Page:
By james, 1 December, 2022
Close up of door one opened showing the Admin Toolbar icon.

Remember the bit about starting this with zero preparation?

I’m starting Day 1 with the first module I install on every site I build. I don’t think I’m alone in this regard.

By default, Drupal sites have a top level menu bar. It lists the main options, but you have to click to load a menu page to see the sub menu(s). This gets old fast.

Enter Admin Toolbar.

Admin Toolbar is a module you can install and forget about. In fact, once you have forgotten about it, navigating a Drupal site without it seems very clumsy and awkward.

As the name implies, Admin Toolbar is for site admins. It does not appear at all unless you are logged in as an administrator. For non-privileged users there should be no difference between a site with it and one without.

It also contains a couple of very useful submodules. These need to be enabled separately, but are worth having.

The first is called “Admin Toolbar Extra Tools”. It adds an extra menu to the toolbar, identified by a Drupal icon. It includes options such as clear cache, which can be very useful for things like tweaking the theme. It also lets you run the Cron tasks or run database updates quickly. Finally if can be a useful way to log out of the site.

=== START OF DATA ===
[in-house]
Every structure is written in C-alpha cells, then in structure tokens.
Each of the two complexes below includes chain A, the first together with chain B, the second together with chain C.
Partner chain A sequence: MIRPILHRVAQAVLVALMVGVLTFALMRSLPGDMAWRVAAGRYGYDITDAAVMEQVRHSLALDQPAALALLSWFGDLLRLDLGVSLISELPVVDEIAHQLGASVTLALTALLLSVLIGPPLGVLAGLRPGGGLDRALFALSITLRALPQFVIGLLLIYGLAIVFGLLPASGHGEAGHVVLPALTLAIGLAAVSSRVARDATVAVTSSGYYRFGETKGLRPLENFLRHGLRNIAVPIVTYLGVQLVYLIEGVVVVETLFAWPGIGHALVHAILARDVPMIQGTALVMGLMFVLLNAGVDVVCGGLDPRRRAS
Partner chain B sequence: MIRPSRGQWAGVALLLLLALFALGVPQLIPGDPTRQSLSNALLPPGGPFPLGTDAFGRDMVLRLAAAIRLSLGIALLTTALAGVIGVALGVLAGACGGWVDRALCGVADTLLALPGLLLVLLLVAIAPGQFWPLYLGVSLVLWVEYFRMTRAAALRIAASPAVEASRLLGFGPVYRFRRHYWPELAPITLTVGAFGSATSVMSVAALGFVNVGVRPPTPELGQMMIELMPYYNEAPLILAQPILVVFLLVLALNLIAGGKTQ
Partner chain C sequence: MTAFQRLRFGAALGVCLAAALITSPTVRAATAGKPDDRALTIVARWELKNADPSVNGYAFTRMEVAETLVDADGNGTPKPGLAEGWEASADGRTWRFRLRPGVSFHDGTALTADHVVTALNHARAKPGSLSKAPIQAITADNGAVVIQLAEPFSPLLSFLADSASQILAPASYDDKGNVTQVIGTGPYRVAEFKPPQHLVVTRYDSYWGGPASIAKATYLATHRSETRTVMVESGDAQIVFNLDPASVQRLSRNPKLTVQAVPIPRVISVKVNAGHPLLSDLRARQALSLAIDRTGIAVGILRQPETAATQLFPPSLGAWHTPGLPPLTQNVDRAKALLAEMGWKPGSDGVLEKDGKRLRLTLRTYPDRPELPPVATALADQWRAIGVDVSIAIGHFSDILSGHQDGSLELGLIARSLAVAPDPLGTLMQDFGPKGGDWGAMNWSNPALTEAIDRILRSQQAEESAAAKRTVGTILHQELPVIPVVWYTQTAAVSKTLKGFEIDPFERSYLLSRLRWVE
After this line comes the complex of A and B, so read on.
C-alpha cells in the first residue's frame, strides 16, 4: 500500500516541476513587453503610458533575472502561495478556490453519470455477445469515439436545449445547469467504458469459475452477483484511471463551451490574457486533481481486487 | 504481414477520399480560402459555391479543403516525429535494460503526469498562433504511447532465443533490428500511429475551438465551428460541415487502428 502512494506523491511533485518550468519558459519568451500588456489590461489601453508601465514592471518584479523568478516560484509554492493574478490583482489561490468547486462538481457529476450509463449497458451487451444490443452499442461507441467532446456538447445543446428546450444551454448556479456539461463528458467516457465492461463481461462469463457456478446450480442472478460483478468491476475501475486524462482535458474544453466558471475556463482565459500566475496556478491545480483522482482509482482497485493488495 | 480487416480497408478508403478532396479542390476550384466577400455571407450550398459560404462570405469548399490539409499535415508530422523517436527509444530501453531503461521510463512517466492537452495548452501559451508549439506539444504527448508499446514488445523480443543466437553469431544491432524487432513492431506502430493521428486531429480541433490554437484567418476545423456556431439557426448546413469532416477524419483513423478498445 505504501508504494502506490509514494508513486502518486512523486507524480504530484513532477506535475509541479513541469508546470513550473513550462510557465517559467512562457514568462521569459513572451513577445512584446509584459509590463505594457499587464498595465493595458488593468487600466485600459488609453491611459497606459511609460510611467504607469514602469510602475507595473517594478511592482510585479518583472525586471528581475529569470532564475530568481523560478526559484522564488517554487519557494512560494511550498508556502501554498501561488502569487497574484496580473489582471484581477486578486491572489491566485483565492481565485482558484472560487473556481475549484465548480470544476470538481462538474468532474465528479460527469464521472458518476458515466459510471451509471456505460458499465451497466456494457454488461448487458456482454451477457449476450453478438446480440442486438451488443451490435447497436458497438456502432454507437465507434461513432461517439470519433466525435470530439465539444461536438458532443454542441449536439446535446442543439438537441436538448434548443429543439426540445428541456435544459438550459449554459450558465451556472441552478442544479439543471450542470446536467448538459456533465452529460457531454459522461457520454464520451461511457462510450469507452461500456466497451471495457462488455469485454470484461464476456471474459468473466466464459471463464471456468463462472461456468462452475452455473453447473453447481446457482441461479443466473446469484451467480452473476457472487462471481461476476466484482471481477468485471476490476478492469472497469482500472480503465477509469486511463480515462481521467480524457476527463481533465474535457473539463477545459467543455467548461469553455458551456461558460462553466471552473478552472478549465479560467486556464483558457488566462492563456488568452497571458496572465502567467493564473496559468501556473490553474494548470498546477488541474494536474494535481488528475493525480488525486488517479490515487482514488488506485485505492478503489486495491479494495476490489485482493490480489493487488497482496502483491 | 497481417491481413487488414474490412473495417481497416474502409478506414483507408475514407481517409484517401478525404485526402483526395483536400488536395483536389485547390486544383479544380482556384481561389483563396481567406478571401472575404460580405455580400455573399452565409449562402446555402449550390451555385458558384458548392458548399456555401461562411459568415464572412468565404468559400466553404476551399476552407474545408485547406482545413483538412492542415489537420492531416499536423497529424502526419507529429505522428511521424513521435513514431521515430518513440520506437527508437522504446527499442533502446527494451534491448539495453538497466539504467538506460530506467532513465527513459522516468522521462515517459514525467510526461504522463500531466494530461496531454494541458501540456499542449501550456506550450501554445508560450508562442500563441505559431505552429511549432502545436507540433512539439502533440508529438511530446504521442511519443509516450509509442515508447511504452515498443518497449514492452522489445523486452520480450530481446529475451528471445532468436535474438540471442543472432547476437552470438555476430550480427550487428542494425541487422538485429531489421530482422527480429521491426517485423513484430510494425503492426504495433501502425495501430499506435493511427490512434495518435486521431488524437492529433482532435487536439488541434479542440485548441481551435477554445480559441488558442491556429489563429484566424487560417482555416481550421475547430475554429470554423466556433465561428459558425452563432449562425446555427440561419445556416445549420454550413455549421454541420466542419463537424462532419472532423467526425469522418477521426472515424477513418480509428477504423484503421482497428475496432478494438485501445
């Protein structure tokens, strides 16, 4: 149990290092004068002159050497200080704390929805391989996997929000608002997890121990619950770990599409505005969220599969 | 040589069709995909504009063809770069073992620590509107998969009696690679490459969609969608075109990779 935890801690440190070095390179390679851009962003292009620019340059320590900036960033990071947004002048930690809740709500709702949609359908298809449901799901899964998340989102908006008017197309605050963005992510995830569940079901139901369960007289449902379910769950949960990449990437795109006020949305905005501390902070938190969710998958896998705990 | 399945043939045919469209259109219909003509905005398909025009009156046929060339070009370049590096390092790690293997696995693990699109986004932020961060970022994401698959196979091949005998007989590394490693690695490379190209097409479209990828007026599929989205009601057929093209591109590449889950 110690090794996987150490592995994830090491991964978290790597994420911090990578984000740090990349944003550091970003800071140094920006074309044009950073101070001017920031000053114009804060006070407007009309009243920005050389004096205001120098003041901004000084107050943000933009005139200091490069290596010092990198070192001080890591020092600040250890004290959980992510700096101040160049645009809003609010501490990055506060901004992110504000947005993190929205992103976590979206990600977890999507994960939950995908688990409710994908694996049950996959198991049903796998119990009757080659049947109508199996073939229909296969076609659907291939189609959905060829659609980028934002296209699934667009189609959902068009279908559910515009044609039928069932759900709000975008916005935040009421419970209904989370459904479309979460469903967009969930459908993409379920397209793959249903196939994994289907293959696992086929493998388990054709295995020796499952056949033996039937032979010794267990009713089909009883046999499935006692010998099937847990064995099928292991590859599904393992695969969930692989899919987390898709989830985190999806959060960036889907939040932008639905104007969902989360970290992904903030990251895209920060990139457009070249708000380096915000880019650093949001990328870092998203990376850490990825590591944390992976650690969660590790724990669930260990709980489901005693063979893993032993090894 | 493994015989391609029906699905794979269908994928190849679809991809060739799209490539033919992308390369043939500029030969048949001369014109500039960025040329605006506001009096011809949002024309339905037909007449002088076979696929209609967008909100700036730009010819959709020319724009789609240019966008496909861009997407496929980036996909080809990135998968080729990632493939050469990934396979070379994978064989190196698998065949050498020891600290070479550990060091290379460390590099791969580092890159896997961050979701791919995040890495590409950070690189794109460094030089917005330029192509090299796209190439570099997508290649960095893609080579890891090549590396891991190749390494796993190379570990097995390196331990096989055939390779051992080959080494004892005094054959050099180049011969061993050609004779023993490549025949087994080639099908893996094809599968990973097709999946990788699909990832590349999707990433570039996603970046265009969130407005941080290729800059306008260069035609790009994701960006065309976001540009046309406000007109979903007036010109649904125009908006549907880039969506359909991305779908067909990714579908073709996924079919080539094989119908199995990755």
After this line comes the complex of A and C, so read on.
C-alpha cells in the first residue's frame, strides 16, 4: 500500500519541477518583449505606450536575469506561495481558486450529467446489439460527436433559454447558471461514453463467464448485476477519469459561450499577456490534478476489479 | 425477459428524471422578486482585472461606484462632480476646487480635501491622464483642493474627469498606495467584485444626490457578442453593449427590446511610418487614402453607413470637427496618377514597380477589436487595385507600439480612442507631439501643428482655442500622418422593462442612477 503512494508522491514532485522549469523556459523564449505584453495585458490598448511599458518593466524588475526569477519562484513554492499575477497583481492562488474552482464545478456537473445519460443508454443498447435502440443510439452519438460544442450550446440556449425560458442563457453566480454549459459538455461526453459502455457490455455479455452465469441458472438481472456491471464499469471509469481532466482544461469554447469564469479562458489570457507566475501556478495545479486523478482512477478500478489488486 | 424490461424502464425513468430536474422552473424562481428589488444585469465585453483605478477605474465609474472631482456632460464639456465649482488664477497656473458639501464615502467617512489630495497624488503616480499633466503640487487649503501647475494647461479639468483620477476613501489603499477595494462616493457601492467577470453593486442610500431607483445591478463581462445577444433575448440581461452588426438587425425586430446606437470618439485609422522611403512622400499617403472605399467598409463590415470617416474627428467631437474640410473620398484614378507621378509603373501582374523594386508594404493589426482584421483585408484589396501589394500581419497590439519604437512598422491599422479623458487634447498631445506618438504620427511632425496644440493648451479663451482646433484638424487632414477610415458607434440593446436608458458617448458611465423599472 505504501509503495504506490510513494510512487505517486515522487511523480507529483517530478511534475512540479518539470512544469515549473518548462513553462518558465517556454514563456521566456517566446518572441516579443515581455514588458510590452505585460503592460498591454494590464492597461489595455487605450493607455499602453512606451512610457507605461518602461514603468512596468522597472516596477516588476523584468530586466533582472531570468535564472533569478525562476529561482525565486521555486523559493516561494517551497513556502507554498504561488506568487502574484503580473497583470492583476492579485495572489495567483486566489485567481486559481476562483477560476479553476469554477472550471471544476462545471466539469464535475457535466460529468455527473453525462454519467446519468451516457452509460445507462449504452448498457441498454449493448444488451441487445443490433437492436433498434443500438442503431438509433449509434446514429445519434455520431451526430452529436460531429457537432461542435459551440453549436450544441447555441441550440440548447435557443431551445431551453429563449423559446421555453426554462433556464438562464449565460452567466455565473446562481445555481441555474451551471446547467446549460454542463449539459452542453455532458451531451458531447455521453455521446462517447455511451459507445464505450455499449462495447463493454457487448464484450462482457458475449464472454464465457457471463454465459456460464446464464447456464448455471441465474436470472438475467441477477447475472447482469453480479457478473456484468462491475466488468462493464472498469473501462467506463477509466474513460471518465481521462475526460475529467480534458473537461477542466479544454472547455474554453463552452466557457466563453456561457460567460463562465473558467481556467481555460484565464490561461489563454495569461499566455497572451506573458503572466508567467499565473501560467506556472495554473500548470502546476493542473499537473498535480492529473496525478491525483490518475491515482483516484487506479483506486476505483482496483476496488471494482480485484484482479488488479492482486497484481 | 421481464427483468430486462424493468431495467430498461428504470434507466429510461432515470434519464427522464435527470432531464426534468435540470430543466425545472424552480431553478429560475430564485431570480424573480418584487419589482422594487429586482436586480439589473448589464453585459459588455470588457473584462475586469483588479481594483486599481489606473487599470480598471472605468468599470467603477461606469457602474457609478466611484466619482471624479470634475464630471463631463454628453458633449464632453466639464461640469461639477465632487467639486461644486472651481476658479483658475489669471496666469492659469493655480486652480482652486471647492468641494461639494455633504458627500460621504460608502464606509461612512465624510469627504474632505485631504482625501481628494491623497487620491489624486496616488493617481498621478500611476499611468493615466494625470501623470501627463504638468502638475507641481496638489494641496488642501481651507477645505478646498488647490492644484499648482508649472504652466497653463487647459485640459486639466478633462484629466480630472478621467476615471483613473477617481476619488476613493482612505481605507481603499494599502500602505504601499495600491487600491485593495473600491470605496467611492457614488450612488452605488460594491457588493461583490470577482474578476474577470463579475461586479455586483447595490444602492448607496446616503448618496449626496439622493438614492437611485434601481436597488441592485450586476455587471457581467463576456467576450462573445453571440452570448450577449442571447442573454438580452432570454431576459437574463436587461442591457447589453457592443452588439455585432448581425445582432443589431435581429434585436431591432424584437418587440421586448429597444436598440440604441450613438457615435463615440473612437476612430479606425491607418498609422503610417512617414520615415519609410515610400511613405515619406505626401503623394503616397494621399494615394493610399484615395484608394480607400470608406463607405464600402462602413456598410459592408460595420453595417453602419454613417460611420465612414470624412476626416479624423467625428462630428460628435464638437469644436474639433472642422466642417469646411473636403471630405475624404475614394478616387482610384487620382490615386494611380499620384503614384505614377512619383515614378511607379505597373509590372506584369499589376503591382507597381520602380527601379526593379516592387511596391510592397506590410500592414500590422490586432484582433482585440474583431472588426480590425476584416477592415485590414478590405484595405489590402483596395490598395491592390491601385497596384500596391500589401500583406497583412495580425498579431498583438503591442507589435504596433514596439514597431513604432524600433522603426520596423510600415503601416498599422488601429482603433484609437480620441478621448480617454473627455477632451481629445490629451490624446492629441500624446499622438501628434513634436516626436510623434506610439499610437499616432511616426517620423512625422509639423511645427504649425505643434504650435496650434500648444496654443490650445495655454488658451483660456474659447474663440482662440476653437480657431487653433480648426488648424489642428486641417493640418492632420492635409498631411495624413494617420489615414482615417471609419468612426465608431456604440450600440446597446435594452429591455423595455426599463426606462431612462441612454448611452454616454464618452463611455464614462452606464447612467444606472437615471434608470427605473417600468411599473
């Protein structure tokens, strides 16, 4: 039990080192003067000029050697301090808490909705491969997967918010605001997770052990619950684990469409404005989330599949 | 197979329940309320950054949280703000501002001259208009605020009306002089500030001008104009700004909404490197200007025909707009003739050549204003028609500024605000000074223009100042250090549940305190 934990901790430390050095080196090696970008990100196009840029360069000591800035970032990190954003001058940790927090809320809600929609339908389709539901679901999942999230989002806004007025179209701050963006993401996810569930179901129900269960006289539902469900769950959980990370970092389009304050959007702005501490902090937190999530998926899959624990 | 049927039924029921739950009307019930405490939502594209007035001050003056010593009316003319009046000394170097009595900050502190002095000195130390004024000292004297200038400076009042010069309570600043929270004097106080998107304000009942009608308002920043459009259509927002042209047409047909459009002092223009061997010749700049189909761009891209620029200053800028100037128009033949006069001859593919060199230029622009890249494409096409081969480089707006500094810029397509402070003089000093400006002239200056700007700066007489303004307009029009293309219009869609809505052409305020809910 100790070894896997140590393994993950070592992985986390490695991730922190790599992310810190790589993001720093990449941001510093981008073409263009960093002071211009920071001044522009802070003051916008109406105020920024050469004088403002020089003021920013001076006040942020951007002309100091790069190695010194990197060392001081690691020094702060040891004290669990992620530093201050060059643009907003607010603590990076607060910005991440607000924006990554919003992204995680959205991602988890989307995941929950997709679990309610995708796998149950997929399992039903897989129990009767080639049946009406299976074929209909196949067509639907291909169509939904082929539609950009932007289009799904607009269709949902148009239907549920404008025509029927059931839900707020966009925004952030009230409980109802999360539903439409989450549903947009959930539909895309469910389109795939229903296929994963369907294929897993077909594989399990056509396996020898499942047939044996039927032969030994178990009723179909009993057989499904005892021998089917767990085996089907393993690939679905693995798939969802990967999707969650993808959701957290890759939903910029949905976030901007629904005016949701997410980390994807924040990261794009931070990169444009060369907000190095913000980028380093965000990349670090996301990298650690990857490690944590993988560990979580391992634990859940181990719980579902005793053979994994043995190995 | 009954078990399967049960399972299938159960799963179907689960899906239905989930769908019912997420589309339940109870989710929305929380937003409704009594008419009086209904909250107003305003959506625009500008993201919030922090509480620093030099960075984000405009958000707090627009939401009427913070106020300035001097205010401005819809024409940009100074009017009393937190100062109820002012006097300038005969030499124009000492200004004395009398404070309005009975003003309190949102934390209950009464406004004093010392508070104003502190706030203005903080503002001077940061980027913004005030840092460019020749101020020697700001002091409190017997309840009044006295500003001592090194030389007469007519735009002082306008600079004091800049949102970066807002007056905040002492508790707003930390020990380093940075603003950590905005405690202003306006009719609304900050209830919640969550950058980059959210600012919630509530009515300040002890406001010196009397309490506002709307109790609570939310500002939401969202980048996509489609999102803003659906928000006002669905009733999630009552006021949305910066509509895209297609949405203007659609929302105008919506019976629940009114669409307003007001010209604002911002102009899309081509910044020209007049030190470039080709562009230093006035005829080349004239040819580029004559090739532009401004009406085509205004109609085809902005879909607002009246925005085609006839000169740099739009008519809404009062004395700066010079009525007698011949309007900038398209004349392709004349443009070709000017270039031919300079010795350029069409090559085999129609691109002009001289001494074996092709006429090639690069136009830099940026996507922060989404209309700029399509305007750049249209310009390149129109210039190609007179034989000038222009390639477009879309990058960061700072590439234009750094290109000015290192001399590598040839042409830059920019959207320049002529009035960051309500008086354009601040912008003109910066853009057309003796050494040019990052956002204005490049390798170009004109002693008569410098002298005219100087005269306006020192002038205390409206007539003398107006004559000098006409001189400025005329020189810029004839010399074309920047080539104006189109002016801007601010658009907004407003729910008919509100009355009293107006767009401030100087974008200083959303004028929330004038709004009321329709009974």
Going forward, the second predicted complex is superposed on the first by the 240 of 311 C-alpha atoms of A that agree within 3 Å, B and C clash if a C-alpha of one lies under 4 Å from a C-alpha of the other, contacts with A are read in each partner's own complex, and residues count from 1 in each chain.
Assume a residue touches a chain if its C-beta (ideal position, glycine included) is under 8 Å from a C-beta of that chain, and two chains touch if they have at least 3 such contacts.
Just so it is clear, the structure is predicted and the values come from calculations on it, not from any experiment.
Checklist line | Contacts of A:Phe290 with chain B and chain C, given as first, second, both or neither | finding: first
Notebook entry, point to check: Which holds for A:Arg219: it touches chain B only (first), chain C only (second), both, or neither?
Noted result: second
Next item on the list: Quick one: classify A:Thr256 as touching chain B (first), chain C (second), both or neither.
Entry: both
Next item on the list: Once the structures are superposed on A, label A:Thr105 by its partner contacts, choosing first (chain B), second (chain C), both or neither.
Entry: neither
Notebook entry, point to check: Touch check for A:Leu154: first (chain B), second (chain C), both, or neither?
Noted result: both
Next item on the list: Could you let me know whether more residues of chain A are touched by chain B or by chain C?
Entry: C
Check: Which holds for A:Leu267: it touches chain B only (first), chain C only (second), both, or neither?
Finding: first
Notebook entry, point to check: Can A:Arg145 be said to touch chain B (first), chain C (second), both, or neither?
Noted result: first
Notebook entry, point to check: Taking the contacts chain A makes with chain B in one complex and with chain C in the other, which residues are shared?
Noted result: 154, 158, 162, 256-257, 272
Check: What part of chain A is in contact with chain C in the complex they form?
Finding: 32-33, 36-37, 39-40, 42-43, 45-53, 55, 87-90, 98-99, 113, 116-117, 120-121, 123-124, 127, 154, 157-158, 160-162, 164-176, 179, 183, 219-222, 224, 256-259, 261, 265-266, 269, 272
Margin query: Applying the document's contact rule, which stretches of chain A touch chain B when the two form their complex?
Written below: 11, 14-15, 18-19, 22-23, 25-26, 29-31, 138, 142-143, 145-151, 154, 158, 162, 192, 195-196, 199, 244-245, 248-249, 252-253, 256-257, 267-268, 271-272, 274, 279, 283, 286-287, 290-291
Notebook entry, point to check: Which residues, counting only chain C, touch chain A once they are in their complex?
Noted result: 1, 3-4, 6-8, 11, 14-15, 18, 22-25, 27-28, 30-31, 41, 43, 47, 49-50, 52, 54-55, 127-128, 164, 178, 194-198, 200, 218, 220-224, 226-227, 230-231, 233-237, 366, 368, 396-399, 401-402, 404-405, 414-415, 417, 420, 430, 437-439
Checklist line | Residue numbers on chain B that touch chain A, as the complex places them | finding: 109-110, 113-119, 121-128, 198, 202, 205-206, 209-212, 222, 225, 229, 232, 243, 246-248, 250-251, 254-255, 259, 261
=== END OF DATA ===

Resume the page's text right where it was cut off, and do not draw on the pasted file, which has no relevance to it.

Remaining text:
Admin Toolbar Extra Tools "Drupal Icon" menu contains options for clearing cache, running Cron, and logging out.

The other submodule is “Admin Toolbar Search”. This adds a search box to the toolbar. This can be a great timesaver, and can save time searching for menu items hidden in multiple levels of menus. For example, suppose you want to configure PathAuto, but can’t remember where the settings are. Just type “path” into the search, and it shows you that the settings are in “Configuration > Search and metadata > URL aliases”, which you can just click on.

Admin Toolbar search showing a search for the PathAuto configuration.

I’ve often wondered why the Admin Toolbar hasn’t been brought into core and enabled by default. I think there are good reasons for not forcing everyone to have it, but it seems such a useful module, and surely universally useful.

Something that may make it easier to include is the “Recipes” initiative, coming to Drupal during the lifespan of Drupal 10. This will allow prepared sets of modules and configurations to make it easy to set up for a particular purpose. I believe it will be possible to set up custom recipes, so I could see a lot of site builders setting up their own personal recipe containing all the modules they always add to a new site.

The logo in today’s door is not yet the official module logo, but one that has been proposed for it as part of the Project Browser initiative.

Advent Calendar with Day 1 door open showing Admin Toolbar logo


Restricted HTML

  • Allowed HTML tags: <a href hreflang> <em> <strong> <cite> <blockquote cite> <code> <ul type> <ol start type> <li> <dl> <dt> <dd> <h2 id> <h3 id> <h4 id> <h5 id> <h6 id>
  • Lines and paragraphs break automatically.
  • Web page addresses and email addresses turn into links automatically.